A traders’ organisation has hit out at Bradford Council for allowing another betting shop to open amid fears that Bradford is turning into “Las Vegas without the glamour”.

But the Council says it was unable to stop Paddy Power from moving into Broadway because its shop was not technically a change of use and so did not require planning permission.

Paddy Power’s branch is in a row including Ladbrokes, William Hill and Leisure Land amusement arcade, with only the Acropolis cafe interrupting the line-up.

Bradford Chamber of Trade is set to call an emergency meeting to discuss what it regards as the “take-over” of the city centre by bookmaker’s shops and amusement arcades.

Many are located in buildings once occupied by highly-regarded retailers, notably the former home of the Brown, Muff department store in Market Street.

Today, Mary Frame, of the chamber of trade, said: “This is just crazy. It’s getting completely out of hand because it’s taking away a core of Bradford that should be retail.

“Any further bookmaker’s shops have got to be opposed very strongly. We are really quite annoyed about them taking over this part of town.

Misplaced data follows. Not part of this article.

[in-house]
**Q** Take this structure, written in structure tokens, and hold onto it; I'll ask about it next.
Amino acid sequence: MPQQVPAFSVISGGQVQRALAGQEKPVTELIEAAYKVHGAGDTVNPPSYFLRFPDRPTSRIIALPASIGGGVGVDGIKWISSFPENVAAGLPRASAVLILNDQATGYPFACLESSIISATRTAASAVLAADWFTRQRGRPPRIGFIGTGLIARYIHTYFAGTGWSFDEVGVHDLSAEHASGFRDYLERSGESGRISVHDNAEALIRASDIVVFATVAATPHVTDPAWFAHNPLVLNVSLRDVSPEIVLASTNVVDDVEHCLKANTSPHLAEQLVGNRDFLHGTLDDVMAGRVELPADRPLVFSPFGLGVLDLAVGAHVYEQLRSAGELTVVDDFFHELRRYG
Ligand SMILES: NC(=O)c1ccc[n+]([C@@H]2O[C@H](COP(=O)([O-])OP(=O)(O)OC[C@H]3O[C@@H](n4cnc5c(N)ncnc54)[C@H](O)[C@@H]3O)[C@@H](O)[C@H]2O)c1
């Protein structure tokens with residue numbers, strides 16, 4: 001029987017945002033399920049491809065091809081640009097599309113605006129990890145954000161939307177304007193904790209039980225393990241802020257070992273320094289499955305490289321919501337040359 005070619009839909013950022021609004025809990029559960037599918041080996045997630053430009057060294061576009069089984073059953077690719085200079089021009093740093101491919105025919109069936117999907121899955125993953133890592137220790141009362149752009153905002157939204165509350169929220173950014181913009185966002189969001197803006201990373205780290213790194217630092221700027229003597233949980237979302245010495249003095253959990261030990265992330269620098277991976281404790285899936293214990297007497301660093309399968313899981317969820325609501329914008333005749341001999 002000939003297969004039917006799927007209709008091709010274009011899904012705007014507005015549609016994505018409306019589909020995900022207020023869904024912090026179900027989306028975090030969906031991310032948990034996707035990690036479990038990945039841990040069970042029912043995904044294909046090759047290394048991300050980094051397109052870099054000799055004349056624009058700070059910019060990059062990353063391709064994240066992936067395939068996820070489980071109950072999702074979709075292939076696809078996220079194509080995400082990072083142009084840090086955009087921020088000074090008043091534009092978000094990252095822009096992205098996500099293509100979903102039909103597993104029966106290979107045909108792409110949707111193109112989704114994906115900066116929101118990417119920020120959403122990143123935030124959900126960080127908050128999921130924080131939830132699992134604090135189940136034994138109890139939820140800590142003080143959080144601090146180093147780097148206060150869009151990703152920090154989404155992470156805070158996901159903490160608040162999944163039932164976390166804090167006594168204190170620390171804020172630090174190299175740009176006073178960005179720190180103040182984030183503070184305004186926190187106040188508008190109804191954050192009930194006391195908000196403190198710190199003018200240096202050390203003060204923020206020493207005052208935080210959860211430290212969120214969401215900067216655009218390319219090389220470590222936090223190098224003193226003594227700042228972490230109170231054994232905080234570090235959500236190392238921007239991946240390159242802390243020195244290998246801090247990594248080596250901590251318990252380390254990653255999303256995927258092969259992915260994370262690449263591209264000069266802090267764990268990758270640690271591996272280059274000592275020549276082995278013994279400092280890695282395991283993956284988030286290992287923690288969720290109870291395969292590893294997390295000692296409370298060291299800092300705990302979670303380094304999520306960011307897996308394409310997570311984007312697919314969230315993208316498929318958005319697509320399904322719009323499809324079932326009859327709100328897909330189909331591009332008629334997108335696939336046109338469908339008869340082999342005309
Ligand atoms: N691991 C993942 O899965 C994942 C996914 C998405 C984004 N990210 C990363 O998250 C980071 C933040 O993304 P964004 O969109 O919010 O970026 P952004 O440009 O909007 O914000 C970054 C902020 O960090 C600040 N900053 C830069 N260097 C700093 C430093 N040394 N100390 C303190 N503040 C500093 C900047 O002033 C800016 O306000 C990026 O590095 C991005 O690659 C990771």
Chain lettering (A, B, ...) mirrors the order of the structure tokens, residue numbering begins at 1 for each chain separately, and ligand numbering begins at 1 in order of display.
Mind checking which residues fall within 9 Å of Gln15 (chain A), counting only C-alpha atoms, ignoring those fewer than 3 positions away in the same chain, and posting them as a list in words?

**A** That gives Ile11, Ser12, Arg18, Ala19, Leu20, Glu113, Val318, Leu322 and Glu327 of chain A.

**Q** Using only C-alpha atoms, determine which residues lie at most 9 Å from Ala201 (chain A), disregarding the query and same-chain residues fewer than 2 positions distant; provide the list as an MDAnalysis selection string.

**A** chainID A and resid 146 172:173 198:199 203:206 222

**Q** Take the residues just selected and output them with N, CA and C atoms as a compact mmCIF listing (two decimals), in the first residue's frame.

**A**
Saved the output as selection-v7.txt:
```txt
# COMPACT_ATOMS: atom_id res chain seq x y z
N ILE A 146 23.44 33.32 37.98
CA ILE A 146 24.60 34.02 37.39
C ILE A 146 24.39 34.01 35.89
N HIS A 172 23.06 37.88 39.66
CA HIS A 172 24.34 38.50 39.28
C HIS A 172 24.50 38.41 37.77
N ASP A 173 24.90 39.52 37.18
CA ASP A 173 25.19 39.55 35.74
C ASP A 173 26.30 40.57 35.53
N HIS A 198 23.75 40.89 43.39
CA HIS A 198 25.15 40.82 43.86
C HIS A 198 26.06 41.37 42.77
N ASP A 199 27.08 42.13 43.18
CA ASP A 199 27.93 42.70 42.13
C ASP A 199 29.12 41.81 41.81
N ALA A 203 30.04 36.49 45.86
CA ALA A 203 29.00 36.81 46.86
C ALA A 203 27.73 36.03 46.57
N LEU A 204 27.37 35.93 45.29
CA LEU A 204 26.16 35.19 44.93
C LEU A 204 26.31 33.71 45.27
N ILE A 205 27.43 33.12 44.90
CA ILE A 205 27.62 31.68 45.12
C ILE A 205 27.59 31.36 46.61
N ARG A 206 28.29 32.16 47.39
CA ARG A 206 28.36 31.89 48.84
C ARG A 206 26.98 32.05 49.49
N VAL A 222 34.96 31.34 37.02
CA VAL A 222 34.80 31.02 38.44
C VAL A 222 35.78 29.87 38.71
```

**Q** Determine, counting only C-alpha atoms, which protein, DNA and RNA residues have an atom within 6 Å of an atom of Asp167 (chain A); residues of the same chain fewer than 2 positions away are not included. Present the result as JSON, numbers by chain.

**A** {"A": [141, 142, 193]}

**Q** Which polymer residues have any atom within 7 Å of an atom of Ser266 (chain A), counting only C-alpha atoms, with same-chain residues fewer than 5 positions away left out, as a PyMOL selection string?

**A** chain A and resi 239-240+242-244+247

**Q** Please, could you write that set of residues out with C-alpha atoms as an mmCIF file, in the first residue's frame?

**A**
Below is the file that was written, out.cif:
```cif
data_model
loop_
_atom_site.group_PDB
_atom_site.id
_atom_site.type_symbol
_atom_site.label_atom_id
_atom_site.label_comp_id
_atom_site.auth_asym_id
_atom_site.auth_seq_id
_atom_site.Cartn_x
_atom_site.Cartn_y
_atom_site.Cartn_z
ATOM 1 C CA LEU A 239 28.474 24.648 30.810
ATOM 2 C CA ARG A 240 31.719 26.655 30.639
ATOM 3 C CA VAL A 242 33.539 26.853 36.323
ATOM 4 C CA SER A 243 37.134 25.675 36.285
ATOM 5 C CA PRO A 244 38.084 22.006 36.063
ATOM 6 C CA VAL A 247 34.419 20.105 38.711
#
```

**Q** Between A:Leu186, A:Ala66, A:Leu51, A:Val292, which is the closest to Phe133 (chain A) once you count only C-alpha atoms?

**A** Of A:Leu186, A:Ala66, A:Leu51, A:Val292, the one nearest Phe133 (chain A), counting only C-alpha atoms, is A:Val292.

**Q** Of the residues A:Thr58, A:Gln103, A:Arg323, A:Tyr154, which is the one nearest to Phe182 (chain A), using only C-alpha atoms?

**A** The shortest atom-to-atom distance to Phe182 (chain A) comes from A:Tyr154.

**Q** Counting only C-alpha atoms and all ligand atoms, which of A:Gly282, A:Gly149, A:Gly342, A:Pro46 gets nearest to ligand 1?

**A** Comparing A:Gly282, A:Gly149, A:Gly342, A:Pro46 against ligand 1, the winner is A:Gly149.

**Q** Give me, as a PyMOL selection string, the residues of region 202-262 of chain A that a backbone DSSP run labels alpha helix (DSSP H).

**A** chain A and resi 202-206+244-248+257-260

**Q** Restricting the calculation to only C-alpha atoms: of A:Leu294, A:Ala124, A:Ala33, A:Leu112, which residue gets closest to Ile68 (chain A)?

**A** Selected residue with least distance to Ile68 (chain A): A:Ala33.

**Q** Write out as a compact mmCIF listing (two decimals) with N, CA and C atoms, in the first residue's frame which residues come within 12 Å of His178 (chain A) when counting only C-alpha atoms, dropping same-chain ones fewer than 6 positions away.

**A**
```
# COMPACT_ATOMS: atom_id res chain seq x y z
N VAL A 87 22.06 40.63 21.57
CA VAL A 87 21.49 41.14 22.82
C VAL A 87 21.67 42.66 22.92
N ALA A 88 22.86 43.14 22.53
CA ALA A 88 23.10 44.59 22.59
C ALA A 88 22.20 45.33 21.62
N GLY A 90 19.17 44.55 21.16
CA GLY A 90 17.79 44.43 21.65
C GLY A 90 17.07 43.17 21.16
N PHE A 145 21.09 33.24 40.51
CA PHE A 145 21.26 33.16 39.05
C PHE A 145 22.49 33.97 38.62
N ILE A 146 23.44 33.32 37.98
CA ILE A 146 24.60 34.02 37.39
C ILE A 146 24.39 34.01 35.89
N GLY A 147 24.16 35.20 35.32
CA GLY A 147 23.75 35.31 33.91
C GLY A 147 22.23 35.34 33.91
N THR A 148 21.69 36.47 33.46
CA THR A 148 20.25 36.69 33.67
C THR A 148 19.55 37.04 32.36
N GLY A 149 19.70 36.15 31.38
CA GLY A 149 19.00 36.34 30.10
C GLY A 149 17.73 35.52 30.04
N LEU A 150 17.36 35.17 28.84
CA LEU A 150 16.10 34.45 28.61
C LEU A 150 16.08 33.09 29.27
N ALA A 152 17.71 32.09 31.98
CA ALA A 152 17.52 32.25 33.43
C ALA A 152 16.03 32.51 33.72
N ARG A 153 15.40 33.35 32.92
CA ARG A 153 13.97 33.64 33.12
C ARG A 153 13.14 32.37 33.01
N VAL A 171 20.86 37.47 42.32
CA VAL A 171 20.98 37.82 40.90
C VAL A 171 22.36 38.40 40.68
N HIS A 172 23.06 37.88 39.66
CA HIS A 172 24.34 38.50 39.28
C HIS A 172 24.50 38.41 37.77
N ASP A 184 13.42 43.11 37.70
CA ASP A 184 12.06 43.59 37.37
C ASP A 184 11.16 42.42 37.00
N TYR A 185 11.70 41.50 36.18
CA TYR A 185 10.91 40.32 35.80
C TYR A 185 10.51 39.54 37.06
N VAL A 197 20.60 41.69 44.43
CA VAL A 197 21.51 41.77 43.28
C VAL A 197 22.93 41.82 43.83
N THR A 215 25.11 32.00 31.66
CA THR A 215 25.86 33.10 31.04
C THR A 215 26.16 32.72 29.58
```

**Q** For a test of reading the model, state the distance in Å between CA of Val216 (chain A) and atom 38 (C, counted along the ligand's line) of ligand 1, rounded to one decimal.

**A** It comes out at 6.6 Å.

“It’s creating a bad impression and it’s so near to City Hall as well. Someone has got to take a stand against this because it’s just becoming a gaming area.”

Mrs Frame said Bradford’s ever-increasing gaming and gambling outlets put it at risk of becoming a less glamourous version of Las Vegas.

A Paddy Power spokesman said: “We are confident our arrival will be of benefit to punters who will enjoy the better value and concessions that Paddy Power offer – and they will find other betting shops, having had it easy for so long, will also be forced to start providing their customers with a better service in order to compete with us.

“That can only be of benefit to Bradford punters in the long run.”

A Council spokesman said: “Because the sub-division of the Acropolis currently provides an area for non-retail use, this is a permitted development not requiring planning permission.

“Whenever we receive a planning application for a change to non-retail use, we assess the impact it would have on the existing shopping in the area and look to provide an appropriate balance of retail and non-retail uses.”

The latest concerns have emerged only three months after a Betfred bookmaker’s shop opened up just around the corner, on Market Street.

Then the Reverend Chris Howson, city centre mission priest, said he was “saddened” to see more betting shops coming into the city centre, saying there were already plenty of places for people to bet in the area.